Most patients undergoing image-guided biopsies don't feel any pain

A majority of patients don’t experience any pain during image-guided percutaneous biopsies, according to a new study published in the American Journal of Roentgenology. But researchers did find that certain groups report pain more often than others.

“Appropriately managing pain and anxiety has a direct impact on safely and successfully performing percutaneous image-guided procedures,” wrote Veena R. Iyer, MD, department of radiology at Mayo Clinic in Rochester, Minnesota, and colleagues. “Radiologists are increasingly involved in direct patient interaction and patient care. Understanding the prevalence and predictors of procedure-related pain can help referring clinicians and radiologists appropriately counsel patients before their procedure and can help proceduralists know when to anticipate and therefore more effectively manage pain.”

Iyer et al. explored data from more than 13,000 biopsies performed on more than 10,000 patients at a single institution from July 22, 2013, to Feb. 1, 2018. All patients were at least 18 years old, and any patients who had a vertebral biopsy or more than one biopsy on the same day were excluded. A majority—58.6%—of the patients were men, and the median age at biopsy was 61 years old. In addition, 56.7% of biopsies were performed without sedation.

Patients were asked to rate any pain they experienced on a scale of one to ten. If there was no pain at all, they reported a zero for “no pain.”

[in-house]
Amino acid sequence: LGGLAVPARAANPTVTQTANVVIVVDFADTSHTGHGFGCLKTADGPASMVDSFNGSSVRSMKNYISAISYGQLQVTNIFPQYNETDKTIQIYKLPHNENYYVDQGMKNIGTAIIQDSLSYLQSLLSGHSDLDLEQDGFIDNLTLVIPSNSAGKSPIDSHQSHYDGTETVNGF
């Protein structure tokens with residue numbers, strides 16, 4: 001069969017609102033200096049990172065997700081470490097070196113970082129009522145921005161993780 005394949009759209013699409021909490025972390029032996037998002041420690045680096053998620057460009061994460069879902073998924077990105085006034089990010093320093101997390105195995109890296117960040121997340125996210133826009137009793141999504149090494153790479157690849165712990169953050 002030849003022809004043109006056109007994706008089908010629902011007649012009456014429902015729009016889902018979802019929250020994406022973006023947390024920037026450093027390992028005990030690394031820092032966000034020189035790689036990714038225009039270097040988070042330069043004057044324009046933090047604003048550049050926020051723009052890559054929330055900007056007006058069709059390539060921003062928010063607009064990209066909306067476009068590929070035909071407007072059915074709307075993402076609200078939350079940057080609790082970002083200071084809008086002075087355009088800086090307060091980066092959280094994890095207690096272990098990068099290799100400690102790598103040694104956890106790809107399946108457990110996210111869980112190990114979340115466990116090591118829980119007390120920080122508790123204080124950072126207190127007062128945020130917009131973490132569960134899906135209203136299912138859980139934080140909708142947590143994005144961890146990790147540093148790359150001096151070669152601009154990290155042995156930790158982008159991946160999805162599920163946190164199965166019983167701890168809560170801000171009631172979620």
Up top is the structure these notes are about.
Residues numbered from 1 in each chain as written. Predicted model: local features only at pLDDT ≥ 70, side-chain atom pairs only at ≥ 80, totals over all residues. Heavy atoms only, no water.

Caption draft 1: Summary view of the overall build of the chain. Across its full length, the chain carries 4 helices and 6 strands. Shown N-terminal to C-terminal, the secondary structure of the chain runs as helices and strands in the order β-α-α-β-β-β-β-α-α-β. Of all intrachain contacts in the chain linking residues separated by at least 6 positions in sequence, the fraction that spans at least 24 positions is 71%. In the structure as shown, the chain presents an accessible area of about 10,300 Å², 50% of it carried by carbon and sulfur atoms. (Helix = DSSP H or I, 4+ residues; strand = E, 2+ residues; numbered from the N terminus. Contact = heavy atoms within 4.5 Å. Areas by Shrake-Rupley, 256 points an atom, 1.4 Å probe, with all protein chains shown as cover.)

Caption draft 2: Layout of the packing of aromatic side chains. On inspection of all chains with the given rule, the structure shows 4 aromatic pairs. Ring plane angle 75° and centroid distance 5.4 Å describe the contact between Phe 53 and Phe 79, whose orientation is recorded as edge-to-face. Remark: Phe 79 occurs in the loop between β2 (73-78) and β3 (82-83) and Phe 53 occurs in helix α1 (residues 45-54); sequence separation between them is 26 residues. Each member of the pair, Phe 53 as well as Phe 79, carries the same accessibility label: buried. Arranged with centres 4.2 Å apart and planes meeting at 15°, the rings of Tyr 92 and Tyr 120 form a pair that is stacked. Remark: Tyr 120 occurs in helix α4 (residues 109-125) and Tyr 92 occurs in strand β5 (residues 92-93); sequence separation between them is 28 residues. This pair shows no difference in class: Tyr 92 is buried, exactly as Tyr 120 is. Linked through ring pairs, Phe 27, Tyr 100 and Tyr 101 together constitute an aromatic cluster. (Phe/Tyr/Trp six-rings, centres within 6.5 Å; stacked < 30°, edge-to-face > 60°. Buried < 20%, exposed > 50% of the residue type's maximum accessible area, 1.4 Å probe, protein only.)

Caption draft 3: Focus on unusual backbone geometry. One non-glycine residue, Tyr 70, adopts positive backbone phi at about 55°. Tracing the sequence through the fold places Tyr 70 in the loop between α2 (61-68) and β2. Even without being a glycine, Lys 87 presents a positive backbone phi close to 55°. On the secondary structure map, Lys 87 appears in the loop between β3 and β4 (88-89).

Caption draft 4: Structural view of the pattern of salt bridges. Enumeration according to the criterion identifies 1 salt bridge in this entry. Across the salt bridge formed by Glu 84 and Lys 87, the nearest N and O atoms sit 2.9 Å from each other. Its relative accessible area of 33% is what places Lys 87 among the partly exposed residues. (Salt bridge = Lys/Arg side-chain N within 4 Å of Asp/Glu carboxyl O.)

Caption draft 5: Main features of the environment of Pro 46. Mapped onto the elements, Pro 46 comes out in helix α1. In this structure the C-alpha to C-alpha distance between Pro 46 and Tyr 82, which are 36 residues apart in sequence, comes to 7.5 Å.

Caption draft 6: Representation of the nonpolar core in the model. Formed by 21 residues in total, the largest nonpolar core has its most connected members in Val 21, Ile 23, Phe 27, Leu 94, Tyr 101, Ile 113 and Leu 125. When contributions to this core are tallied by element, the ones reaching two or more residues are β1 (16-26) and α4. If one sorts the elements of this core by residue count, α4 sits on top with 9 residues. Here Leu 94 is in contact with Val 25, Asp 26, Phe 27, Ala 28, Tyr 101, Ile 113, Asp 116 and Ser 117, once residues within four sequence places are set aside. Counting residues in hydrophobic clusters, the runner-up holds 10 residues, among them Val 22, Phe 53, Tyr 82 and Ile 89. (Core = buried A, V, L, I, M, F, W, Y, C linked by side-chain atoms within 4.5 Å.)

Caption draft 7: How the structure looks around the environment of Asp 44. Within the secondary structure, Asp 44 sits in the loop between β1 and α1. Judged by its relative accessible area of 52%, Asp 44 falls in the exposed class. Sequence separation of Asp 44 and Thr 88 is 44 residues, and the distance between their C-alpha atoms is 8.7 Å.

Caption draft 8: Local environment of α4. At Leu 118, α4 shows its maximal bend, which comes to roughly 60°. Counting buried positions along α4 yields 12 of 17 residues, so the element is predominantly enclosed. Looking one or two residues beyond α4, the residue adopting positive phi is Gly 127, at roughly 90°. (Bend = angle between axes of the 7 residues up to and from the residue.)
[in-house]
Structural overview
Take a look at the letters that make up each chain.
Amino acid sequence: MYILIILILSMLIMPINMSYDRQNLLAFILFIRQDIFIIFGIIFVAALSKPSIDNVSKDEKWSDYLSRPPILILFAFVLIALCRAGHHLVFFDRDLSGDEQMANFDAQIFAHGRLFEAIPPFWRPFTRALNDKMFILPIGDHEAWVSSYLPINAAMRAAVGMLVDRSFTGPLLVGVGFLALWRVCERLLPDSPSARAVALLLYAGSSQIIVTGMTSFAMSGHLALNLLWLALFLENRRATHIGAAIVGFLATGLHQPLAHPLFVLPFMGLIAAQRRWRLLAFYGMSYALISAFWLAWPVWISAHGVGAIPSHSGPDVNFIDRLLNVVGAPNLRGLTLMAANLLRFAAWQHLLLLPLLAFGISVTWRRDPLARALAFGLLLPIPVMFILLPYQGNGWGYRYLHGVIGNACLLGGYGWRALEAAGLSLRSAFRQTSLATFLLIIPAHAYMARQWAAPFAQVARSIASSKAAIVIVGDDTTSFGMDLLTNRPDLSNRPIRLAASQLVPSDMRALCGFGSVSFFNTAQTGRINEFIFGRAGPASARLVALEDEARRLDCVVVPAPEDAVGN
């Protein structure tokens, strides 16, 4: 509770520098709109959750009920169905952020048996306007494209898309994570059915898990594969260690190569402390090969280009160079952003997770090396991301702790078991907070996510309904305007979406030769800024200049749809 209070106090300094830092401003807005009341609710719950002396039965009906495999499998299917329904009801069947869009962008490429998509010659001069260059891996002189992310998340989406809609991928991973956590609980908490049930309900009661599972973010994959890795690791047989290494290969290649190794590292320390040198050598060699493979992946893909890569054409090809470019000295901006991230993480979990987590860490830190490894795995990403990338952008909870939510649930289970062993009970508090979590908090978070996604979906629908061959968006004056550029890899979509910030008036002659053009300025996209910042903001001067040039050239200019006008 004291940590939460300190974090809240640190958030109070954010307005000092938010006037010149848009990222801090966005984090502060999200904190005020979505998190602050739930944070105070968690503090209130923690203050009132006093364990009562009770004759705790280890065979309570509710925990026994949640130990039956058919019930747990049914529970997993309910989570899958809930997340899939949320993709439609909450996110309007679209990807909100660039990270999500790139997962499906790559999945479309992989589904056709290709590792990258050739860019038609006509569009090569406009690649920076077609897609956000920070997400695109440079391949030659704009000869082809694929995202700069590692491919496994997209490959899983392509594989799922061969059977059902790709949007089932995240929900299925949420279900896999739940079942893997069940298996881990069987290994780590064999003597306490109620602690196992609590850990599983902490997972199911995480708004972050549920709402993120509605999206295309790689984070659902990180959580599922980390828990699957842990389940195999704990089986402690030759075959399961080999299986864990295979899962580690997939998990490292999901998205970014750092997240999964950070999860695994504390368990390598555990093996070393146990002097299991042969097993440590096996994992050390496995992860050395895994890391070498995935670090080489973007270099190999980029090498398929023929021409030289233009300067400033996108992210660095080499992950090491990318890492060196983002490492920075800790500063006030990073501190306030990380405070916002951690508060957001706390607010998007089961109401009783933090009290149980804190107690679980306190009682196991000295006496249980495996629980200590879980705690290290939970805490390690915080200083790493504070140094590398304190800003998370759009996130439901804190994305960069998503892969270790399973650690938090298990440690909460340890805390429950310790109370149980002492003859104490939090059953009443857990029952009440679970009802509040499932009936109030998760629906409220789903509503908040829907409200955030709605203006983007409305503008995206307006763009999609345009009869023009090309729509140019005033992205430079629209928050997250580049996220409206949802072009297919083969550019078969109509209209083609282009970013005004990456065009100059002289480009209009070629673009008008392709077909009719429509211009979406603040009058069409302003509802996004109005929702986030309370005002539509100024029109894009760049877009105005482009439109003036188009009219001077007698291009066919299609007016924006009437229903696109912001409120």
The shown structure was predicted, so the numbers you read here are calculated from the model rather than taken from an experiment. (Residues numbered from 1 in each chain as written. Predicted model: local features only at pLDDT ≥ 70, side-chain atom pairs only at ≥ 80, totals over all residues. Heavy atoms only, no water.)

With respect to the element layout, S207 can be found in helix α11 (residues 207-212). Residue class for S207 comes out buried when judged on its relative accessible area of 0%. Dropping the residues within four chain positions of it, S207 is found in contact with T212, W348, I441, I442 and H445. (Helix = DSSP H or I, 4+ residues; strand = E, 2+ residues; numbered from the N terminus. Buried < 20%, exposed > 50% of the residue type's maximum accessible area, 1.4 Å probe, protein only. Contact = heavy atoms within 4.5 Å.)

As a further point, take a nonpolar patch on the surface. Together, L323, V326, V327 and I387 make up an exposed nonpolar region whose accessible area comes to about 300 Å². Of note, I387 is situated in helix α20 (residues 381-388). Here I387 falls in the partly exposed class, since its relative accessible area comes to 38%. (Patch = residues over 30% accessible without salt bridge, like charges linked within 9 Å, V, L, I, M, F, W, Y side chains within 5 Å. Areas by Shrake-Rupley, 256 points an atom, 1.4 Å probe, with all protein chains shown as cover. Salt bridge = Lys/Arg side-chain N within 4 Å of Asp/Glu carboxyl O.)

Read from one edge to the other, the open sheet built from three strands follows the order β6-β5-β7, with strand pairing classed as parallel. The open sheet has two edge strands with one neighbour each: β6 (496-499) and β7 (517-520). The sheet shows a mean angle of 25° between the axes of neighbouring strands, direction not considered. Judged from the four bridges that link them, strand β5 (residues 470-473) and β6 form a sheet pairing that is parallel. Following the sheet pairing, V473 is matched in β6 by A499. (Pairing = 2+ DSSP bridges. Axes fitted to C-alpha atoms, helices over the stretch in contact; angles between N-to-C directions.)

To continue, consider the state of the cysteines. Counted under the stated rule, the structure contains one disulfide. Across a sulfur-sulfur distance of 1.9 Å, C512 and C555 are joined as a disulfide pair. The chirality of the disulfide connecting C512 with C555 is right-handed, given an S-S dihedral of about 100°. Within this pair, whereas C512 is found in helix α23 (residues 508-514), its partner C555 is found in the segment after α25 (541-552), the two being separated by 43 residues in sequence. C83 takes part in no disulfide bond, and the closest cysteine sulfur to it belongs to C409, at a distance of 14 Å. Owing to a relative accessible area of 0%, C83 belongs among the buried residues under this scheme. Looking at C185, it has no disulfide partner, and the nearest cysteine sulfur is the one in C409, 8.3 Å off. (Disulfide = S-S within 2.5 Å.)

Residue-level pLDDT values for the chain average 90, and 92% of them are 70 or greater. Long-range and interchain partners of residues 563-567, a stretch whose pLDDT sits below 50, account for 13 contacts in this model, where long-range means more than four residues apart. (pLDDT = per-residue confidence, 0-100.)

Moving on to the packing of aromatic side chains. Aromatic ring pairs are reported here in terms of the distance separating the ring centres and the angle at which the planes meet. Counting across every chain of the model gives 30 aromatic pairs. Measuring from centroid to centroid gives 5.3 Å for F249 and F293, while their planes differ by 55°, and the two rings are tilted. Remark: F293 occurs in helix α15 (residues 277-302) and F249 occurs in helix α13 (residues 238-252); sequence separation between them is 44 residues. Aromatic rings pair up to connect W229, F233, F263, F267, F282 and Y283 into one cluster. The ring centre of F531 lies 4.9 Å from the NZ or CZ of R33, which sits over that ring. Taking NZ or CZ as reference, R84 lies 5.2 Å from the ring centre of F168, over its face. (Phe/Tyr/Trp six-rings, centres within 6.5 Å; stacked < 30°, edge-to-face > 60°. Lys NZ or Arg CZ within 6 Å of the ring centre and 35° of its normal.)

Overall, 26.8% of patients reported experiencing pain. A pain score from one to three was reported by 13.6% of patients; a score from four to six was reported by 9.1% of patients; and a score of seven or higher was reported by 4.1% of patients. An adjusted model found associations between experiencing pain and female patients, younger patients, patients who underwent IV sedation and an increasing needle diameter.

“Compared with those undergoing biopsies in allograft kidneys, patients with biopsies in all other locations except liver allografts were significantly more likely to report experiencing pain,” the authors added.

Diving deeper into the data, the team found that biopsies were “completely pain free” for 83.1% of kidney allografts, 79.2% of renal lesions, 79.1% of liver allografts, 77% of native kidneys, 76.8% of lung masses, 69.7% of native livers and 64.1% of liver lesions. For all other biopsies, 67.5% were pain free.

“In this era of quality measurement in interventional radiology, our results showing that patients report no pain with most image-guided biopsies serve as an important benchmark,” the authors concluded. “This information can be used for pre-procedural patient education to reassure patients who fear the unknown. It can inform practices or proceduralists new to image-guided biopsy procedures of the expected patient outcomes. Knowing that younger patients report greater pain can drive future efforts to assuage anxiety in these patients and possibly improve their experience.”